Jul 13 2010

Sunny San Diego . . . .

Published by under Boats,The Adventure,Wylie 39

The last few legs were pretty amazing–the stretch from Turtle Bay to San Diego was filled with adventure, some really beautiful anchorages–and, some long miles. I will be posting more details of the trip in the next few days.

As for right now, I am in San Diego at the Transient Slips adjacent to the SD Police Docks. The sunshine has finally come out, and I am in the midst of all of the chandleries, harbors, marinas, and yacht clubs of San Diego. It is pretty amazing! (I even scored a ride on a Tripp 40 for the Wednesday night beer can races).

I’ll be here for a few more days to finish the repairs to Marishanna, and then I’ll be back at sea for the remaining legs to San Francisco. In the meantime, I have an internet connection and some work to finish . . . .

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Jan 22 2010

Marishanna has a clean bottom . . . .

Published by under Boat Maintenance,Wylie 39

You may not be able to tell, but Marishanna has a clean bottom.  I have been keeping fairly current with it–scrubbing the waterline, and softly sponging the underwater paint, but the other day, I noticed that there was only one zinc left on the prop shaft, and that it was nearly gone.  So, I hired a diver to come out and professionally clean the bottom of Marishanna, replace the zincs, and even coughed up a bit extra to have him scrub the bottom of the dinghy.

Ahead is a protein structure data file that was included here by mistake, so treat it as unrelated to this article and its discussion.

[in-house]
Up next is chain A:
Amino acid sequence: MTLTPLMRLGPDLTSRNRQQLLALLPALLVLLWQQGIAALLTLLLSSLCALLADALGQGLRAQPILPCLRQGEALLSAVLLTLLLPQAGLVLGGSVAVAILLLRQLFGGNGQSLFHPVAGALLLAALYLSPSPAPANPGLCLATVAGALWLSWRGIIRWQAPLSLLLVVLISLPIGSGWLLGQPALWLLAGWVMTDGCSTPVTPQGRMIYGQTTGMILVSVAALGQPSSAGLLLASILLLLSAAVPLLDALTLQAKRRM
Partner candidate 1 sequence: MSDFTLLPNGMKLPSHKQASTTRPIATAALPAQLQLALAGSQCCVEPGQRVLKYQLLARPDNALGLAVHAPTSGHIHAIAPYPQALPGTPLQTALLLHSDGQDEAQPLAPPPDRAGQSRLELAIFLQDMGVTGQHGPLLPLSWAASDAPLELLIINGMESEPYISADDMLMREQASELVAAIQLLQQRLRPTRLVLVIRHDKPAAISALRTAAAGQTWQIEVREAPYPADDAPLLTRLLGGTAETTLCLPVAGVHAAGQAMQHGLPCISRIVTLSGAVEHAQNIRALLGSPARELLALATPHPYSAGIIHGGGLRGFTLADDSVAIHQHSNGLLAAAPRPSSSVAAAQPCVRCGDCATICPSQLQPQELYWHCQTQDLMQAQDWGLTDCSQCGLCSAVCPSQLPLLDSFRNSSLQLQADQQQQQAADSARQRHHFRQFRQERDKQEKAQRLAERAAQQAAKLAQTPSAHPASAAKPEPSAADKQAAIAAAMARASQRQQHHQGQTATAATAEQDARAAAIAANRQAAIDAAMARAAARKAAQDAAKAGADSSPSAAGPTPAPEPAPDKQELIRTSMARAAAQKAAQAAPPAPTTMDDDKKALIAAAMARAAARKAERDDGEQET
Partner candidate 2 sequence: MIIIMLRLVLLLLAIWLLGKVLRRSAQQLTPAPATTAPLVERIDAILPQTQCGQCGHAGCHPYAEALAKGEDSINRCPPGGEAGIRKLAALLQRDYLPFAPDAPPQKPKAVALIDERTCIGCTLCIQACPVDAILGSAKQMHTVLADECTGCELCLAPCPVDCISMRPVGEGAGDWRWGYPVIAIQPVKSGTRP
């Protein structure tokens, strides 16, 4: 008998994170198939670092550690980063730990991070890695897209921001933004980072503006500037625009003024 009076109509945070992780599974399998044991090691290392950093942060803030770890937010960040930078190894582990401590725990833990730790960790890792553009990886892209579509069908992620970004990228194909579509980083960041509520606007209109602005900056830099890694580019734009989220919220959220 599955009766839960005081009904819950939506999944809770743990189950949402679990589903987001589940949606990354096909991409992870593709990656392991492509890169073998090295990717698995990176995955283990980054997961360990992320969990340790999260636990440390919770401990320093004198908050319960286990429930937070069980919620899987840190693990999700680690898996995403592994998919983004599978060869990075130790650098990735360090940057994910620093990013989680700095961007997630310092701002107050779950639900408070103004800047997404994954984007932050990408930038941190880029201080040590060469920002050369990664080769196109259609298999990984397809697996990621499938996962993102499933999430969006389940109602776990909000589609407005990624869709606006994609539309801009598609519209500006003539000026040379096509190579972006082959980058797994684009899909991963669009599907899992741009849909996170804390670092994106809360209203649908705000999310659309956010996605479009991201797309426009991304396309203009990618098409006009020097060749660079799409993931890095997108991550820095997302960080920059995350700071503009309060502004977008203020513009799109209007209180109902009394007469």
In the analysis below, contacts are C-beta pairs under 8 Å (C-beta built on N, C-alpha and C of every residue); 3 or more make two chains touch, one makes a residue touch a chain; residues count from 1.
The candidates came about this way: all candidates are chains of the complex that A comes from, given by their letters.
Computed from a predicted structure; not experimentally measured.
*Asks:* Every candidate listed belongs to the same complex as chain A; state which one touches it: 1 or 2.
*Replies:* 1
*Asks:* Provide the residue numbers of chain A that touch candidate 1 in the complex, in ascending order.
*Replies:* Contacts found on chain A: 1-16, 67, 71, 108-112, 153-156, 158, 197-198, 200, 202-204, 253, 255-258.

Zincs are metal attached to the boat that is lower on the chart of elements that all the other metals on-board.  If you have an electrical system, you have magnetic fields, and when you mix a magnetic field with sea water, it needs some place to go.  On boats, you put zincs and give this process something “to eat”–so, that the process will leave your brass, stainless steel, and other metals alone.  It is sort of a boat owner’s offering, if you will.

Once they are gone, your boat vitals are eroding (like the thru-hulls can be made of metal).  So, it is important to keep them replaced and current.  And, Marishanna’s zincs have been renewed–a fresh offering to the god of electrolysis.

Note: They really call them “Sacrificial Anodes

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